Vampire Owl :: I thought you were going to watch Cinderella.
Vampire Bat :: Yes, but then Chappie was there and that show started earlier by ten minutes.
Vampire Owl :: That name actually makes me depressed.
Vampire Bat :: It happens when you say that in Malayalam.
Vampire Owl :: Do you know that India actually lost against Australia?
Vampire Bat :: Did they? I thought some extra-efficient online Keralites once again saved India by abusing Mitchell Johnson and the Australian Cricket Team.
Vampire Owl :: Yes, just like Maria Sharapova lost to Serena Williams and the Pakistan Hockey Team played bad after the abuse by Keralites.
Vampire Bat :: Dude, everybody losses to Serena Williams. It is quite natural. And Asia is not a hockey powerhouse anymore.
Vampire Owl :: Damn! The cent percent literacy is wasted.
Vampire Bat :: Cent percent literacy! It is the literacy for abuse!
[Leaves for the tea shop].
What is it about? :: As the South African police at Johannesburg a group of advanced robots from weapons and ammunition manufacturer called Tetravaal, the crime rates are brought to a new low, and as expected the criminals and their bosses are concerned. The inventor is Deon Wilson (Dev Patel) who seems to be getting most of the appreciation much to the dismay of another engineer, Vincent Moore (Hugh Jackman) who wishes to send his own robot model named Moose into operation. But as it is very costly and is highly equipped with too much firepower needing full human control, it is rejected until further notice. But when our inventor creates an artificial intelligence which is rather too human, things take a twist, and things are no longer in his control. A group of criminals also decide to take control of a robot.
The defence of Chappie :: There are some good ideas running through this movie, and it becomes evident right after the first few minutes of Chappie. The robot instantly becomes interesting even with the scope for improvement always there. There are lots of action sequences in the movie, and there is a certain amount of emotional strength whenever a different kind of thing comes to existence and tries to cope with the world around, which works in this one too. There are thoughts left behind, and there is the social message which we can take home, even though it rarely becomes the big thing in this movie. There are surely some good performances to support this one.
The Claws of Flaw :: Chappie doesn’t really use its strengths to its advantage, and has problems with dealing with its central ideas – not really there in making them work completely and bringing things to the right finish. Instead, the movie is too addicted to consciousness, a lot more than Transcendence did, and it is like one can never die as the same keeps getting transferred from one body to the other. The character of our dear robot never really gets to display the awesomeness, and the criminal characters are not really up-to the mark either. Along with reminding us of Transcendence, this one has its own Robocop elements to add to the same. It is a big surprise that still this couldn’t better than what it really is.
Performers of the soul :: Sharlto Copley gives voice to biggest performer of the movie, which is the one robot with its name as the film title. He was there in the same director’s District 9, Elysium and now this one – here in the non-human form for the first time. Hugh Jackman is good, but in a different avatar, and doesn’t impress at all times – still, makes a fine villain. Dev Patel is so natural in this movie, and as he plays the second most significant character in the movie after our own protagonist robot, does very well. This role seemed to suit him so well, and he manages it with ease. Yolandi Visser was nice in a special avatar, and Sigourney Weaver leaves no impact in her less significant role.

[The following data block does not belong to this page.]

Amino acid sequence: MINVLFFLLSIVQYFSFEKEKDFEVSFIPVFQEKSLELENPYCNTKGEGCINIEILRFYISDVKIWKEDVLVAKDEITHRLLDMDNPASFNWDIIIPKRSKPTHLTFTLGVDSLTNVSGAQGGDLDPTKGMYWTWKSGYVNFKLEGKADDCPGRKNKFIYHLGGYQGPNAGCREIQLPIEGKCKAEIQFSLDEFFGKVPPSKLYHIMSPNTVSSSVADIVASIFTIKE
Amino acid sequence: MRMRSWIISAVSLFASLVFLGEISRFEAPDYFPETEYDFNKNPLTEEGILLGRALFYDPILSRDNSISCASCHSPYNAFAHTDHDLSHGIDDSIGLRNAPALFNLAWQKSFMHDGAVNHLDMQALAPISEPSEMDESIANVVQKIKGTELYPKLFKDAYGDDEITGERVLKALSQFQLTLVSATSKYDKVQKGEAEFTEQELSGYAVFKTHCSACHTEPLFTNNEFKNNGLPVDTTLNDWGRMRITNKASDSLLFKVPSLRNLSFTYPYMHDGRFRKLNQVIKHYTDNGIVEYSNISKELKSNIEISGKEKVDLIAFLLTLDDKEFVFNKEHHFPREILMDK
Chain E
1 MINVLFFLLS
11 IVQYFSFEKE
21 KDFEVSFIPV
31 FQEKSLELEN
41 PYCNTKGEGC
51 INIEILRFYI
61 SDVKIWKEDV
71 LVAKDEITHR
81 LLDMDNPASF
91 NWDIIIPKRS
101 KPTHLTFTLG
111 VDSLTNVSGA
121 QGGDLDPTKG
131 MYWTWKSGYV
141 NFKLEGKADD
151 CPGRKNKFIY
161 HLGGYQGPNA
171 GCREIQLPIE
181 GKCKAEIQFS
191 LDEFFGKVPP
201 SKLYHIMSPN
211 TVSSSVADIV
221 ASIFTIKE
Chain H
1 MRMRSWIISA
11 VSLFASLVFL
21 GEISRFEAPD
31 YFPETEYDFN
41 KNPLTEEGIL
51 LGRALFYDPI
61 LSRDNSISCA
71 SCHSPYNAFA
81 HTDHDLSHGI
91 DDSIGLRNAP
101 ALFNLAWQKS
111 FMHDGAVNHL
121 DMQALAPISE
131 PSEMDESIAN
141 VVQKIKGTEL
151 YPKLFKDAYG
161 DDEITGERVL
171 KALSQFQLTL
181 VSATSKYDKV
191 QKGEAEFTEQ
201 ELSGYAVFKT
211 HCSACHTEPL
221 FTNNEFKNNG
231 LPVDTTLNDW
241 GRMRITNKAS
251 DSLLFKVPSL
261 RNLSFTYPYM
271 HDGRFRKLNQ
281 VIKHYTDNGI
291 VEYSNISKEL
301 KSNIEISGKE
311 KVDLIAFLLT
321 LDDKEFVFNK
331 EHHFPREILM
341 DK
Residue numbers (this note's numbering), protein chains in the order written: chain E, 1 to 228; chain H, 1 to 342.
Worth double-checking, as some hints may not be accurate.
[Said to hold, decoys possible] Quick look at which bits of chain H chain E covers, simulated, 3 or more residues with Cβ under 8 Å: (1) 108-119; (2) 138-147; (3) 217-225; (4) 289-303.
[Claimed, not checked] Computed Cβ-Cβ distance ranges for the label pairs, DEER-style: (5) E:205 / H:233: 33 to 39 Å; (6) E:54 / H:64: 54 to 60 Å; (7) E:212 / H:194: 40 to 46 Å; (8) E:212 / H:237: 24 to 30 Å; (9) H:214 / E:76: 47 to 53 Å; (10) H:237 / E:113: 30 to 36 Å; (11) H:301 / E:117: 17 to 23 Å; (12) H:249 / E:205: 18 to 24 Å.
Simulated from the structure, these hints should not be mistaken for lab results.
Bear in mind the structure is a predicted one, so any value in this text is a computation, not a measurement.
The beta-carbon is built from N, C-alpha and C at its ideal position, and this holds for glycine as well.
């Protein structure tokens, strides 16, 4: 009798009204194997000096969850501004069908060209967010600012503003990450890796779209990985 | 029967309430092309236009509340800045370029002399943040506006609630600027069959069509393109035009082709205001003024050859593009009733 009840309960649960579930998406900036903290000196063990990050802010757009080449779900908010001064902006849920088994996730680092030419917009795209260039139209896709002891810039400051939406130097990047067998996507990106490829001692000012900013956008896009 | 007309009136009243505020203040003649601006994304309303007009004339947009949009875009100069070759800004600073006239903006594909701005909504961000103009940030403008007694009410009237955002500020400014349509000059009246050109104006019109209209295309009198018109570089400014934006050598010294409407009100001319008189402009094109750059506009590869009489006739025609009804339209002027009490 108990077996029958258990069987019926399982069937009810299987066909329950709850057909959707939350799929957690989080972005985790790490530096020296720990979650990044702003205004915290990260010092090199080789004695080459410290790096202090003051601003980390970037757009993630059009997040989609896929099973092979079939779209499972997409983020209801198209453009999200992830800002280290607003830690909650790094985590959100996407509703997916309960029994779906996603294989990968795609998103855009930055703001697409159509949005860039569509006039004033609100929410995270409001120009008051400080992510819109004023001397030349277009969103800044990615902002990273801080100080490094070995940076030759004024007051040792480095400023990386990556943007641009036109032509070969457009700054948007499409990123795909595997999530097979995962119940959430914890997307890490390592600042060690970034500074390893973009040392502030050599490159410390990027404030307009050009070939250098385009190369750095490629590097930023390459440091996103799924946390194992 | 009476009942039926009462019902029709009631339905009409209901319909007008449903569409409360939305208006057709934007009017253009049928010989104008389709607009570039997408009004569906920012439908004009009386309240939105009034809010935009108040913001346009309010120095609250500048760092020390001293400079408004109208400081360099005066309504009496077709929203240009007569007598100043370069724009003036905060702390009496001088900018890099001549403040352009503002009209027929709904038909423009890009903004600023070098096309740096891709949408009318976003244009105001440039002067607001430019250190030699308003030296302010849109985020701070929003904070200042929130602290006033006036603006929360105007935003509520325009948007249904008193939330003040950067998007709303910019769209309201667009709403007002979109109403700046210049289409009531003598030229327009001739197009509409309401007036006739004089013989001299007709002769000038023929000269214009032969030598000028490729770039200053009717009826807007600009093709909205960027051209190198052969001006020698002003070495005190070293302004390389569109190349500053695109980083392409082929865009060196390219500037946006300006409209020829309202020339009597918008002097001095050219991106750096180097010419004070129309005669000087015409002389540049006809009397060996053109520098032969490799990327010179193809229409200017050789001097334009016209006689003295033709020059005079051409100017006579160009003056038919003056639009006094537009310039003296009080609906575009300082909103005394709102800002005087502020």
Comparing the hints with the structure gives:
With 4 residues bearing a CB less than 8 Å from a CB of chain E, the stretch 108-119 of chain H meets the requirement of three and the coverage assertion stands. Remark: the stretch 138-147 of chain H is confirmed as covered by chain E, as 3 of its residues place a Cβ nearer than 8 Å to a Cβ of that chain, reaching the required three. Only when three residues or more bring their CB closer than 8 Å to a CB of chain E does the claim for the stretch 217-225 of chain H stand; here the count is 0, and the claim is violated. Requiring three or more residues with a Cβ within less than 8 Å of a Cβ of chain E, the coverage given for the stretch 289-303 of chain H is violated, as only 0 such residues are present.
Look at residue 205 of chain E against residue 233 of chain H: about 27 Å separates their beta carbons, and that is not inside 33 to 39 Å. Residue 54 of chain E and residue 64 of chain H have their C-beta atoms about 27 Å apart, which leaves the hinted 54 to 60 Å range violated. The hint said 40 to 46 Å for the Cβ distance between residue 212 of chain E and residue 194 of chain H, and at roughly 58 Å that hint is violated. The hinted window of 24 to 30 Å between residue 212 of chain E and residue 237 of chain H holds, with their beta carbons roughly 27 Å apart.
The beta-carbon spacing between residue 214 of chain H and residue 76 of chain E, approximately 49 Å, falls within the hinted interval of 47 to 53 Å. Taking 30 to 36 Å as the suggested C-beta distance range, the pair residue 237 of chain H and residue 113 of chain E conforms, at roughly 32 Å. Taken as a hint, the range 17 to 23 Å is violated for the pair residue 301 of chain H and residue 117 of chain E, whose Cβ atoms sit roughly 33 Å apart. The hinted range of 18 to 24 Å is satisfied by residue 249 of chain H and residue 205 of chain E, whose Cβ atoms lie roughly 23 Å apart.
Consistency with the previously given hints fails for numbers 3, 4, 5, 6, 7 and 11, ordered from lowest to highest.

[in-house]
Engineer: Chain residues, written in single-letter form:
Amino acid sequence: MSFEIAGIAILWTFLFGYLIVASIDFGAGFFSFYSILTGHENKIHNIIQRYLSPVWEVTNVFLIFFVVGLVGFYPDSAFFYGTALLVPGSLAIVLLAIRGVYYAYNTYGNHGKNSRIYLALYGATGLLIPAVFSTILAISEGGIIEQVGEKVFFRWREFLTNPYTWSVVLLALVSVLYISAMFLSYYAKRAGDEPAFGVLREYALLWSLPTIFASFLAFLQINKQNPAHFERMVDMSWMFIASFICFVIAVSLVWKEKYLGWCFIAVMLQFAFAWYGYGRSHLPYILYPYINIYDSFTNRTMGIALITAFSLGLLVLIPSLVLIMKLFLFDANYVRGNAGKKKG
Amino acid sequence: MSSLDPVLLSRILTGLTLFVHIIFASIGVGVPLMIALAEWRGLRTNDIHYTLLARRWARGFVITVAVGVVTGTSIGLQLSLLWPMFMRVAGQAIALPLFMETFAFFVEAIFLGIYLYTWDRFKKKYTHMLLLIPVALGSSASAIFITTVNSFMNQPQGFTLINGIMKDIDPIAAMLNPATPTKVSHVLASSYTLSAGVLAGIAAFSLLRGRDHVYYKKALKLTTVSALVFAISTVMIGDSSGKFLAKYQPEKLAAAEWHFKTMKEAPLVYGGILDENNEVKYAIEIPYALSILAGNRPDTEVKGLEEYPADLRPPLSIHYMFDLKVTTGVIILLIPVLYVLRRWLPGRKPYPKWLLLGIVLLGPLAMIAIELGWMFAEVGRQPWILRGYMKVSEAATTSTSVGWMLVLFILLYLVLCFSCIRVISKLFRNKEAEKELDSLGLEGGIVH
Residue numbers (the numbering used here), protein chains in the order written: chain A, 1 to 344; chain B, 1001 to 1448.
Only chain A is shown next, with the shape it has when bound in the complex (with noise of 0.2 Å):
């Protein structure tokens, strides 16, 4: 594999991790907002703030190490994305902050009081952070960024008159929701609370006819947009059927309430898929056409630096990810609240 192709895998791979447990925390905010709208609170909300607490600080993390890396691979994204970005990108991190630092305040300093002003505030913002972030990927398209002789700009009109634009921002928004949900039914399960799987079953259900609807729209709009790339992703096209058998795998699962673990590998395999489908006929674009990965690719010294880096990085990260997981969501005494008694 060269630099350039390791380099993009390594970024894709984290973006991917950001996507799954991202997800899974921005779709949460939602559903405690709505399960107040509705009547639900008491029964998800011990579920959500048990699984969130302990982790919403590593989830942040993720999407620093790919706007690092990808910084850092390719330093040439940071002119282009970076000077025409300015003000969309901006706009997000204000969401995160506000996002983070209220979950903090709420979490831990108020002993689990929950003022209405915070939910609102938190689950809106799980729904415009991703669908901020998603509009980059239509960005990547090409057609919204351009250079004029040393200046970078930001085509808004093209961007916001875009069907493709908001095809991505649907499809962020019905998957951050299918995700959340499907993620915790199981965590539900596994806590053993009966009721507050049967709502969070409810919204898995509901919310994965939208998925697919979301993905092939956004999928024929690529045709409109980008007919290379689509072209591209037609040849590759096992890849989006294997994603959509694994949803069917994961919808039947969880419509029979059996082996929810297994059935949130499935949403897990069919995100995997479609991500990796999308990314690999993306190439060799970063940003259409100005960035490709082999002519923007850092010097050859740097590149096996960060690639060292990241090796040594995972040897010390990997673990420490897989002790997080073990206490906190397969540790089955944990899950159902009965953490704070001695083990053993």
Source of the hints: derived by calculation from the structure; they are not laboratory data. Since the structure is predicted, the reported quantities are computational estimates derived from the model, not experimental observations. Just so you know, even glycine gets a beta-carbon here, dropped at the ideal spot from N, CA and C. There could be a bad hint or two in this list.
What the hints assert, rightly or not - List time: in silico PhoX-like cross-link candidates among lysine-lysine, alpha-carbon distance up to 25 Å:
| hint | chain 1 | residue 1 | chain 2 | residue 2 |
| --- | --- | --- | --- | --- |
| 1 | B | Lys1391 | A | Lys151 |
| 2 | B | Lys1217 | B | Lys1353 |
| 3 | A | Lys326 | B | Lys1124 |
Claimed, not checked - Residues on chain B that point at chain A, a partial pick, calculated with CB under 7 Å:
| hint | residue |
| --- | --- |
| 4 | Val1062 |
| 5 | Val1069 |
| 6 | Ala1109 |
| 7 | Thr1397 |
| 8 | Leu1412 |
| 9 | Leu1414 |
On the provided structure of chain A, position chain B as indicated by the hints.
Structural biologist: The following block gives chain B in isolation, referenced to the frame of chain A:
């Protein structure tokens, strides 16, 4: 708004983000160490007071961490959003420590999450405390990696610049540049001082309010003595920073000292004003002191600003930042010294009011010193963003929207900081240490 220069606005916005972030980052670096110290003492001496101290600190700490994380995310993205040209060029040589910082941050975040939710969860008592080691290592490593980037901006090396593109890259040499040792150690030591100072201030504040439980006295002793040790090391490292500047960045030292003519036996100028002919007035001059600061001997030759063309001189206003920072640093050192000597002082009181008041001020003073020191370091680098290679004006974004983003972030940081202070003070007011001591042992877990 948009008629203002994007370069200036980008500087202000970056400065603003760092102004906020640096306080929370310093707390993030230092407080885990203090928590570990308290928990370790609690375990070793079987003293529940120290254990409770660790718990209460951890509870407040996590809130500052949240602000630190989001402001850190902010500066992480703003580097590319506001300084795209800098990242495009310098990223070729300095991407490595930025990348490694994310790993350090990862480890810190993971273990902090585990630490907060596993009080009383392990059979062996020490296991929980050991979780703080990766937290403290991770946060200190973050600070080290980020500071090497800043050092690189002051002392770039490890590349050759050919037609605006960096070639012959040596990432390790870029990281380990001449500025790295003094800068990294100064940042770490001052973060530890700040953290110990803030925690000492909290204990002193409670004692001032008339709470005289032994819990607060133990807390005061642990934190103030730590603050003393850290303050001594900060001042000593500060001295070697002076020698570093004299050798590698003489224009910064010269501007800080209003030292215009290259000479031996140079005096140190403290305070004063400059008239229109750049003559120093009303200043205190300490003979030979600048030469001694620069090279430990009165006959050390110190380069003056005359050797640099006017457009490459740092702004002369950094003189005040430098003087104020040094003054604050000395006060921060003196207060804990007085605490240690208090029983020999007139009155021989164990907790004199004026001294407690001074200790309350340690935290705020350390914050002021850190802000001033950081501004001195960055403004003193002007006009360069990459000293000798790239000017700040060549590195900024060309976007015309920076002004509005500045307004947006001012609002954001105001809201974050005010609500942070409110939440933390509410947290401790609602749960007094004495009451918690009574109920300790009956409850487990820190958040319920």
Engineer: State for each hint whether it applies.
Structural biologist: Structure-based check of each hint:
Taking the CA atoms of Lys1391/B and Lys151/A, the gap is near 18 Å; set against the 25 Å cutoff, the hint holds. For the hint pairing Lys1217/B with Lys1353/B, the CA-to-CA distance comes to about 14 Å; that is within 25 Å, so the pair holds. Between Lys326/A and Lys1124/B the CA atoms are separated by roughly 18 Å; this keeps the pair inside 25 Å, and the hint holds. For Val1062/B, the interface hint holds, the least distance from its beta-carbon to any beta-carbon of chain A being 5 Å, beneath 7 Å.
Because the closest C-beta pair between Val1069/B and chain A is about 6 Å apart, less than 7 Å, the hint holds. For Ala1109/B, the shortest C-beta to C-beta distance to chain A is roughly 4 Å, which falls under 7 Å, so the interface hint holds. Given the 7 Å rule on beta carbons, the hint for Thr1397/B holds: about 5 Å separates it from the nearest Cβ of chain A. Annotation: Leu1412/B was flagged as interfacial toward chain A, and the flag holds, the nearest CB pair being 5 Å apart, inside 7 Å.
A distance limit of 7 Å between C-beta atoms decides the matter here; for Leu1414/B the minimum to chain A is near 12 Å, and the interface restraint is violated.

Soul exploration :: Chappie does focus so much on the soul elements. There seems to be questions asked, but none of them are direct, and the answers are never really there. There is the talk about making the robot which is more like a human, and also the transfer of human consciousness to robots as well as the consciousness of one robot to the other – they seems to get things working all of a sudden and keep doing the same without fail. The idea of the robot consciousness developing from nothing to a new thing is interesting, but one has to wonder if that was given enough significance in the right manner and was portrayed with enough attention to the details. It is like they speeded up a few things to reach the desired end, which is not what the viewers really wanted.
How it finishes :: Chappie doesn’t finish that strong as expected, and it leaves me with the thought that may be Cinderella or Focus might have been a better choice. They are still running though, and the choice stays. As the maker of District 9 and Elysium, this is another step downward for the director, Neill Blomkamp – it is also evident in the opinion of the critics. In the movie poster, they label Chappie as humanity’s last hope, but that makes one wonder if that really matches the movie. No, this robot is not really humanity’s last hope; there is no point at which he proves to be that unless you take a few characters as “the world” – yes, there are things that he can do, but in his absence, may be things would have just gone on and on. You can watch this one for the ideas, and not for many other things.
Release date: 20th March 2015 (India); 6th March 2015 (US)
Running time: 120 minutes
Directed by: Neill Blomkamp
Starring: Sharlto Copley, Hugh Jackman, Dev Patel, Watkin Tudor Jones, Yolandi Visser, Jose Pablo Cantillo, Sigourney Weaver, Brandon Auret, Anderson Cooper
@ Cemetery Watch
✠ The Vampire Bat.